Trade pact may lift Vietnam visits

WASHINGTON -- Vietnam's fledgling tourism industry is sure to get a boost of confidence as a result of the landmark U.S. trade agreement signed last week here, according tour operators to Vietnam and other Asia travel experts.

The anticipated increase in travel to Vietnam -- much of it business travel -- will likely encourage U.S. airlines to begin flying to Hanoi, something no U.S. carrier currently, the experts said.

The agreement will almost certainly lead to an increase in the cost of lodging and airline tickets, although in the immediate future Vietnam will continue to be one of Asia's most affordable travel destinations, the experts said.

A quarter-century after the end of the Vietnam War, the two nations last Thursday signed the historic accord giving both countries access to one another's goods and services.

In the short term, "the publicity surrounding the improved relations will lower the barriers for people who were considering traveling to Vietnam, even if those barriers were imagined," said Bill Irwin, president of Houston, Texas-based Saigon Tourist USA, the U.S. representative for Saigon Tourist, the largest tour operator in Vietnam.

More importantly, Irwin said, the trade agreement could kick-start negotiations for U.S. airlines to start flying to Vietnam. He called the lack of air service from the U.S. to Hanoi the "biggest road block" for Vietnam's tourism industry.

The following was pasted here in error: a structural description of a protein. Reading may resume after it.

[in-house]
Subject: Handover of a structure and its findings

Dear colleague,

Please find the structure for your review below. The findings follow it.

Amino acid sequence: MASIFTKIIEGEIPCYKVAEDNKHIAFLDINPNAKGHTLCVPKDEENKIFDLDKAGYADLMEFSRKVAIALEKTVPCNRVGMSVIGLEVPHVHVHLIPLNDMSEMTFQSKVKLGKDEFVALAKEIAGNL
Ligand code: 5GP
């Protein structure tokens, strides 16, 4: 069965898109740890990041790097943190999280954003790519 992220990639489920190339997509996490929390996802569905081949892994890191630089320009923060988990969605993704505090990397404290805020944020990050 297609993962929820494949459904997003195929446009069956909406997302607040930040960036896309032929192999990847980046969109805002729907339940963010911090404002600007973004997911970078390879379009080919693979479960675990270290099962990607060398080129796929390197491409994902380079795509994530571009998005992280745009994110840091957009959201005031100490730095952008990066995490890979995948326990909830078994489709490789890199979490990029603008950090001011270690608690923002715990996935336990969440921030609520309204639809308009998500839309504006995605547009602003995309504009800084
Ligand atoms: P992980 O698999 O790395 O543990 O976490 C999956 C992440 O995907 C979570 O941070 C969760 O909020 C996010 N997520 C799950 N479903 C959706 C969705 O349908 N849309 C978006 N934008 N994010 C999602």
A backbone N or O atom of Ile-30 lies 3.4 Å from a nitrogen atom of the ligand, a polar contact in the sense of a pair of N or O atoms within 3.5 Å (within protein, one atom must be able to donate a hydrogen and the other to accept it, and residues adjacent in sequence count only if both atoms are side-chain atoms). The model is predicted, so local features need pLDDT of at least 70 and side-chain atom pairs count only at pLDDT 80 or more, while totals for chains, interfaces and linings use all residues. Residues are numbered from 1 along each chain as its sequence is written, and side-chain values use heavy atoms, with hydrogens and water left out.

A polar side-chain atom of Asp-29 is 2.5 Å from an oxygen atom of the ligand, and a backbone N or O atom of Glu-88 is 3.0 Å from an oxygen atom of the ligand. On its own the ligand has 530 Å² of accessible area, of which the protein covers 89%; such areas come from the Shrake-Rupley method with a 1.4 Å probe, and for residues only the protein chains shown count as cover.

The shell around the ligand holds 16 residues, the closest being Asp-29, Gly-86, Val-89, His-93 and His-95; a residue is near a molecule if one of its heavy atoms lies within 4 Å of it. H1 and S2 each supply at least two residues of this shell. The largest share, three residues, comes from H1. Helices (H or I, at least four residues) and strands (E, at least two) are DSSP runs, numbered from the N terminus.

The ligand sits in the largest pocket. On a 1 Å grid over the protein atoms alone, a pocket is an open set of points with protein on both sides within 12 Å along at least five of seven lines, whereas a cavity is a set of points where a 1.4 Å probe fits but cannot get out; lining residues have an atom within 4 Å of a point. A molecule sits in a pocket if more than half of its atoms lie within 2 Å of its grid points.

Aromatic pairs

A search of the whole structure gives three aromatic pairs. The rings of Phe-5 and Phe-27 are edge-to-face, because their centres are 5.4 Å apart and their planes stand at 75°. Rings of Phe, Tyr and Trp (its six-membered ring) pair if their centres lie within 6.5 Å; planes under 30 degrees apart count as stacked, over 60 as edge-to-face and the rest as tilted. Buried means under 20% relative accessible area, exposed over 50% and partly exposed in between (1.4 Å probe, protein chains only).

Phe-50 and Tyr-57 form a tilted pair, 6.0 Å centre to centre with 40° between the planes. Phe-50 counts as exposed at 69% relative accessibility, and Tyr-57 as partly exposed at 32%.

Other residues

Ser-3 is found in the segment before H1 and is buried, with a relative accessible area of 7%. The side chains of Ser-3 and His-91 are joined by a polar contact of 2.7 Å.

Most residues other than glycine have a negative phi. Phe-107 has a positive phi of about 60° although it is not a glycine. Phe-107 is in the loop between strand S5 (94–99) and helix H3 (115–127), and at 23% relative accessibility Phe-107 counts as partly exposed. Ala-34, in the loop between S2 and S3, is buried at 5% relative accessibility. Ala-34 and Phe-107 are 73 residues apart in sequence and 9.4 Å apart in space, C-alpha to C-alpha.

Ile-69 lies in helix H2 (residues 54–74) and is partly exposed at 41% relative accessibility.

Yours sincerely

"I don't think there are any major hotel companies that are not already there or considering setting up shop," said Irwin. "The airlines are a very different story." Irwin's company last year transported more than 4,000 Americans to Vietnam.

However, Saigon Tourist's biggest market by far is Japan, which sent some 15,000 people to its close neighbor. Vietnam has seen a sharp increase in tourists since opening up to the outside world in the last decade.

Some 530,000 tourists visited Vietnam during the first three months of this year, up 14% compared with the same period last year, according to the Vietnam Department of Tourism in Hanoi.

Before the agreement, the department predicted Vietnam would receive approximately 2 million visitors this year, an increase of 12.5% compared with 1999, when there were 1.7 million tourist arrivals.

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